Cruising

Yet Another Cruise Ship Fire: Well, That’s Not Good


The fire-damaged exterior of Royal Caribbean’s Grandeur of the Seas cruise ship is seen while docked in Freeport, Grand Bahama Island

Photograph by Jenneva Russell/The Freeport News via AP Photo

The fire-damaged exterior of Royal Caribbean’s Grandeur of the Seas cruise ship is seen while docked in Freeport, Grand Bahama Island

So who’s up for a cruise? In the latest marketing debacle for the industry, Royal Caribbean Cruises (RCL) began flying passengers back to Baltimore today after a fire aboard its Grandeur of the Seas early on Monday caused the company to cancel the remainder of the cruise, as well as the one scheduled for May 31.

It’s been a choppy few months for cruise ship operators. Memorial University of Newfoundland professor Ross Klein, who studies the industry and is the publisher of CruiseJunkie.com, collected reports of 31 incidents on cruise ships in the first three months of 2013, finding more ships run aground and more propulsion problems than in all of 2012. (To be fair, there were far fewer collisions; Klein’s data are self-reported by cruisers.) To counter the images of passengers stranded on a powerless ship, the submerged Costa Concordia, and other disaster-at-sea photos, the industry has been working to stress that major incidents like these remain rare.

“Regular cruisers know that incidents such as this are unusual for the cruise industry and historically have not changed their booking patterns following an incident,” David Peikin, a spokesman for industry trade group Cruise Lines International Association, wrote in an e-mail. He noted that the industry operates roughly 300 ships, usually once per week, for 15,600 cruises each year, and that this year cruise lines are expecting some 21 million passengers, up about 700,000 from last year.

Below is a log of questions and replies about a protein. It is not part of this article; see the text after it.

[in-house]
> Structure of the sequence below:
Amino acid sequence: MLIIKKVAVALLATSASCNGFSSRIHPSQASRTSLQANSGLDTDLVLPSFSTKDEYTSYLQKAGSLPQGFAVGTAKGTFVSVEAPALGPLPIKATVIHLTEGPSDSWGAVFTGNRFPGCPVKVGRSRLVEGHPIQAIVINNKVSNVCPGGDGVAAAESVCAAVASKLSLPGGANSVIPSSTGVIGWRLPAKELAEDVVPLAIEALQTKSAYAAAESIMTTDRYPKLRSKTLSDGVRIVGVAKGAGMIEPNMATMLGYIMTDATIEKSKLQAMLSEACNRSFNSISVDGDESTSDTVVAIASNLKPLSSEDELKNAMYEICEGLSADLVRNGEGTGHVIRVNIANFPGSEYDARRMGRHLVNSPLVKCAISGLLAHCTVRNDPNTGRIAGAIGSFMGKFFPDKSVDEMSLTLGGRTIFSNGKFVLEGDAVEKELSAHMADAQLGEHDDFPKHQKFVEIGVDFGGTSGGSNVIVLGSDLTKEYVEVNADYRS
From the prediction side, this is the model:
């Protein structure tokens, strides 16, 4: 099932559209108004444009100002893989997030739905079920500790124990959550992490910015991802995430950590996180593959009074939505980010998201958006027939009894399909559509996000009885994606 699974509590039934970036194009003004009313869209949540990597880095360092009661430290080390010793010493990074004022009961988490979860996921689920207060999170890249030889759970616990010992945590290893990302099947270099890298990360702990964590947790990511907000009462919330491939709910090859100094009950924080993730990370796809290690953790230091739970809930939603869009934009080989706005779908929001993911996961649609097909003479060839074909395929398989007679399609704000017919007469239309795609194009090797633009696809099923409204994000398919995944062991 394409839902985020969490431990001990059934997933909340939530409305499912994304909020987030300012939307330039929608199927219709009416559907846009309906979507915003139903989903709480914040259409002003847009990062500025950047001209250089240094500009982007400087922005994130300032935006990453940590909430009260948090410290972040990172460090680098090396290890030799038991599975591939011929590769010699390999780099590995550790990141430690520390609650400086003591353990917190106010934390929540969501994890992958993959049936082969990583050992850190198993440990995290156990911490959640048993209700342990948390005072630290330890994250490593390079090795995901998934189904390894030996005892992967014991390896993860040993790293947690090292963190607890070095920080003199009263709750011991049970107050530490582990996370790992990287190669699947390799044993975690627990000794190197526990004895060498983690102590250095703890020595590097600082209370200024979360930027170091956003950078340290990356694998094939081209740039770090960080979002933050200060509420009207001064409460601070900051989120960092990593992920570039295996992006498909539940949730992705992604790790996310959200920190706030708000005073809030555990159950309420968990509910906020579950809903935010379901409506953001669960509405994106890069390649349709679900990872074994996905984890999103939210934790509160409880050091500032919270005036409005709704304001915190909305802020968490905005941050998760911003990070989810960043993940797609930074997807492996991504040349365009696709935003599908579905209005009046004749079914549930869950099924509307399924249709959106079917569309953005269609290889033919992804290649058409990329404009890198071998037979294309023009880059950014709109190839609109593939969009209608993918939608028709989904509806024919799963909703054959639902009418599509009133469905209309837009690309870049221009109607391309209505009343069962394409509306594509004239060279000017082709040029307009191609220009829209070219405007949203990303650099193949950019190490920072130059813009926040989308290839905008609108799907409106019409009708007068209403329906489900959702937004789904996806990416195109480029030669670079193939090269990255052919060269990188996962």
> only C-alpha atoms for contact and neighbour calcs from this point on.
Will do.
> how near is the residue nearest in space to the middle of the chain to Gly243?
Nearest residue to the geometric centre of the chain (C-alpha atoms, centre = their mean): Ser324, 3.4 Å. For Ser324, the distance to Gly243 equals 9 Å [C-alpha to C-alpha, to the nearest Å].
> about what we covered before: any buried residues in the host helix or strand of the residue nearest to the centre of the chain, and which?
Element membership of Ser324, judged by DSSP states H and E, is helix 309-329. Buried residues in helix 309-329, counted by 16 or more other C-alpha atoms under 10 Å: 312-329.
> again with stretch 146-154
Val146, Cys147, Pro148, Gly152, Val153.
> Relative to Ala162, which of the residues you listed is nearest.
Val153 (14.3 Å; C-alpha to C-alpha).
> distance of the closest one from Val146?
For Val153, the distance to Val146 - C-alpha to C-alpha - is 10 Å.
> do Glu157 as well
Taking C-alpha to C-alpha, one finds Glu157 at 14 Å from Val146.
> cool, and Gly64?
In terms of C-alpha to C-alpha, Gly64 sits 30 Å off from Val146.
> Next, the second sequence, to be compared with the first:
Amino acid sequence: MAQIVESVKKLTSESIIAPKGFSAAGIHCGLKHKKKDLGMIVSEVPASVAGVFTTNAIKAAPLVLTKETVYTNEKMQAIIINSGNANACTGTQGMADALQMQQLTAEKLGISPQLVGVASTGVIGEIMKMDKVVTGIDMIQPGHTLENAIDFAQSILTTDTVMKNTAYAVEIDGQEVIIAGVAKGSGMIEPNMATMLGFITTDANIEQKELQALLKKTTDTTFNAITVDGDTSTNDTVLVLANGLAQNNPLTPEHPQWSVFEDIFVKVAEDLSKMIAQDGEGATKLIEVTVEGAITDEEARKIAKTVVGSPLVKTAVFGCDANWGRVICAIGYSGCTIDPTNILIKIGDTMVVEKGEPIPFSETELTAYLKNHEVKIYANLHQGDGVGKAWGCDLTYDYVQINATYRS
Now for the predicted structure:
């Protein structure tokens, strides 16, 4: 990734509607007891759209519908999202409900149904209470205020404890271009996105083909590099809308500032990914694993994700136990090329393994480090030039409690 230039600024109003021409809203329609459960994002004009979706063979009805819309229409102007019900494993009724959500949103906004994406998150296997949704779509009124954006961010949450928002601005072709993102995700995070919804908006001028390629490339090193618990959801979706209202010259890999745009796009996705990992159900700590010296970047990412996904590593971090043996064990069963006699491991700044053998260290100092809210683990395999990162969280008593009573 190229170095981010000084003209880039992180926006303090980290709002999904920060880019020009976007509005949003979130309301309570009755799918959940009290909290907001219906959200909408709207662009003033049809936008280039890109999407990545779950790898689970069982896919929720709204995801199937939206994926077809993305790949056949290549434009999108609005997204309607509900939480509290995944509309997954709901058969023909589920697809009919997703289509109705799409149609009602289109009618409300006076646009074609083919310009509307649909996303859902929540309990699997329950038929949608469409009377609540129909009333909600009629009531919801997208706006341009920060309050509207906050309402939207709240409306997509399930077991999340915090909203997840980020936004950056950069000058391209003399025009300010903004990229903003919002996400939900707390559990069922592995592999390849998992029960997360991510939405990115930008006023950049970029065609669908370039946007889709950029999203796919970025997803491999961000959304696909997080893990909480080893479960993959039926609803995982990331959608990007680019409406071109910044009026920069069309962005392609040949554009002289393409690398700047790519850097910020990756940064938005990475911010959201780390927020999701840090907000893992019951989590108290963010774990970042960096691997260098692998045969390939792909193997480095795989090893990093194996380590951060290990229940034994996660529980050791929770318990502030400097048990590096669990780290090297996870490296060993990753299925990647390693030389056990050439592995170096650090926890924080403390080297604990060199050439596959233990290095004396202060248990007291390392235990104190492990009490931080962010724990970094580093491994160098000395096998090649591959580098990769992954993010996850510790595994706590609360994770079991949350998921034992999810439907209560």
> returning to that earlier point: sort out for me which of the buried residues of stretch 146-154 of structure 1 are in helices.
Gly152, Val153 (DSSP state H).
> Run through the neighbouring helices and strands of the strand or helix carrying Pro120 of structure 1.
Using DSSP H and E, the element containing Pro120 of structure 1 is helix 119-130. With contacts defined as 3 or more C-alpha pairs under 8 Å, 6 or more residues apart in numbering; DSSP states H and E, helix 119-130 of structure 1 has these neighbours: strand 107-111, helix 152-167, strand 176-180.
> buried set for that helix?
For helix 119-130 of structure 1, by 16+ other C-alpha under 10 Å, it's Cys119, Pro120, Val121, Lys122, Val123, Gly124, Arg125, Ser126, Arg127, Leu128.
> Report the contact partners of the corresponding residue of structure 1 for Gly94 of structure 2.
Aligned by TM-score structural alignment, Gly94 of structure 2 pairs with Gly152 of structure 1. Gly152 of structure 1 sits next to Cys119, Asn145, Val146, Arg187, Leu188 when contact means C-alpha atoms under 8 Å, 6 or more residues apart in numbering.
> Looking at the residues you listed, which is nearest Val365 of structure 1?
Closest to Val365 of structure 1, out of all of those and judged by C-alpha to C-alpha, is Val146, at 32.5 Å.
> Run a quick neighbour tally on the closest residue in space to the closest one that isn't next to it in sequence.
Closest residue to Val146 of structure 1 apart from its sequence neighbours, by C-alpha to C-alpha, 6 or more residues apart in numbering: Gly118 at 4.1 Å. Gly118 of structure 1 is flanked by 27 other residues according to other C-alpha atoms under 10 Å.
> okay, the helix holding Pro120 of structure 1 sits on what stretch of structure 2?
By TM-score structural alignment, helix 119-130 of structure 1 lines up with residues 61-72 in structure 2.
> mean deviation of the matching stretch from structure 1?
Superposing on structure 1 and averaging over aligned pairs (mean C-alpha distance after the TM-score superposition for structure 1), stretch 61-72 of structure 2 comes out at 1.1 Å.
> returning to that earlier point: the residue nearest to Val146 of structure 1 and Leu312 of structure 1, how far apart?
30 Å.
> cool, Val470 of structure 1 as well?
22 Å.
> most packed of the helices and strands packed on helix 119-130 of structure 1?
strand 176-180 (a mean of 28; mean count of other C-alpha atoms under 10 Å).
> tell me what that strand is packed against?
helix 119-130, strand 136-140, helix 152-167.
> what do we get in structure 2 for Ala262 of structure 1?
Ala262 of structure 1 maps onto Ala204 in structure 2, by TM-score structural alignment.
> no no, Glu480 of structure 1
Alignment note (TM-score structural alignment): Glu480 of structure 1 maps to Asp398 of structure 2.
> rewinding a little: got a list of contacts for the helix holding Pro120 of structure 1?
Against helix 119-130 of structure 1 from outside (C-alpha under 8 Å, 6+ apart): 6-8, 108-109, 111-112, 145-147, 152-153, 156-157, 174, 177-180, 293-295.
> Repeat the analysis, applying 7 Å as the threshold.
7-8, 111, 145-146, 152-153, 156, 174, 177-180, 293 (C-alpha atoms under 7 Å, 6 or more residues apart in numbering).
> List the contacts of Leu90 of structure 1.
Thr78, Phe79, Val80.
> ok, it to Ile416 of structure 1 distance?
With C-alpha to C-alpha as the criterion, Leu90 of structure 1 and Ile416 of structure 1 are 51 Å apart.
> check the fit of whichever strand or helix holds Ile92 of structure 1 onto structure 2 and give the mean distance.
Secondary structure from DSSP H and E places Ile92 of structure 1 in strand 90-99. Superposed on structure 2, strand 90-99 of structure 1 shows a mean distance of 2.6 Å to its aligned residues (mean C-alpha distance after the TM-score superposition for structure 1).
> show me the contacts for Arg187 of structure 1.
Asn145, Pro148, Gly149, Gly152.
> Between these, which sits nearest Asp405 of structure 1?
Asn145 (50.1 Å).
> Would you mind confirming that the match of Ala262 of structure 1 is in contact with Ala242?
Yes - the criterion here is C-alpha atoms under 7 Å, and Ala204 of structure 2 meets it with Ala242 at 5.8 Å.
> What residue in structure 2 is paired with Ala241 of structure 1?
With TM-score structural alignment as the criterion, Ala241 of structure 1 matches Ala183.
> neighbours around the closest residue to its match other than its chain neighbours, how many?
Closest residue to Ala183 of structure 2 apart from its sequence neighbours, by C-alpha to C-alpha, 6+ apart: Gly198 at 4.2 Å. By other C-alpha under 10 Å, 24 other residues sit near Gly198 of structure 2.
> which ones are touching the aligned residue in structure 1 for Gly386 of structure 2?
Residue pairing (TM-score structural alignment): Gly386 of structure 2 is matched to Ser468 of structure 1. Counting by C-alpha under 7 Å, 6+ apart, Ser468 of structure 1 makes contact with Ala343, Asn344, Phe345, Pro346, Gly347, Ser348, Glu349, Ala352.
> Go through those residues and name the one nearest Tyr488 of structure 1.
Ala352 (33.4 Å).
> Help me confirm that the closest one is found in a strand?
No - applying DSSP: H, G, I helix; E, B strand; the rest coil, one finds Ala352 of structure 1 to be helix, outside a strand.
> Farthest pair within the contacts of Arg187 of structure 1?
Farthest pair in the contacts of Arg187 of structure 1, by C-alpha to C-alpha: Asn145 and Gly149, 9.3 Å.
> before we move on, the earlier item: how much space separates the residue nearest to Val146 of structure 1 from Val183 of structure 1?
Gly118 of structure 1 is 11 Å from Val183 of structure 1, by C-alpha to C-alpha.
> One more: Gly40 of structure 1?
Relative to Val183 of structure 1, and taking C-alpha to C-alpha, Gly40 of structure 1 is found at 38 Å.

Most of those people are going to be just fine. The 97 incidents Klein tallied in 2012 make up about 0.6 percent of that year’s cruises: You’ve got a better chance of getting audited by the IRS. Still, the social media and the dramatic, made-for-TV images have taken a toll on the industry’s reputation and finances.

Carnival (CCL), the largest cruise ship operator, on May 20 cut its profit forecast for the second half of this year because of price cuts implemented after the Carnival Triumph had a fire and lost engine power in February. In late April, Royal Caribbean affirmed its projections for the year but noted “a modest disruption to Caribbean demand which the company attributes to adverse industry media coverage.”

On May 22 the industry announced a new “passenger bill of rights” covering the 26 operators that sell cruises in North America. Among the measures is the promise of a full refund for cruises canceled by a mechanical failure or partial refunds for cruises curtailed by such problems. The cruise lines also promise to pay for hotel accommodations if a ship stops at an unscheduled port because of mechanical problems. The measure was adopted following criticism in March from members of Congress responding to the Triumph incident, including whether Carnival should reimburse the U.S. Coast Guard and Navy for the efforts made regarding the ship.

In the latest incident, the Grandeur of the Seas’ crew extinguished the blaze in about two hours in an aft storage area that spread to a second deck. The ship did not lose power and was directed to Freeport, on the island of Grand Bahama, where the Coast Guard and National Transportation Safety Board are investigating, along with Bahamian officials. Royal Caribbean offered a full refund and planned 11 charter flights to return the 2,224 cruisers to Baltimore.

Bachman is an associate editor for Businessweek.com.

The Good Business Issue
LIMITED-TIME OFFER SUBSCRIBE NOW

Companies Mentioned

  • RCL
    (Royal Caribbean Cruises Ltd)
    • $82.27 USD
    • -0.09
    • -0.11%
  • CCL
    (Carnival Corp)
    • $45.78 USD
    • 0.39
    • 0.85%
Market data is delayed at least 15 minutes.
 
blog comments powered by Disqus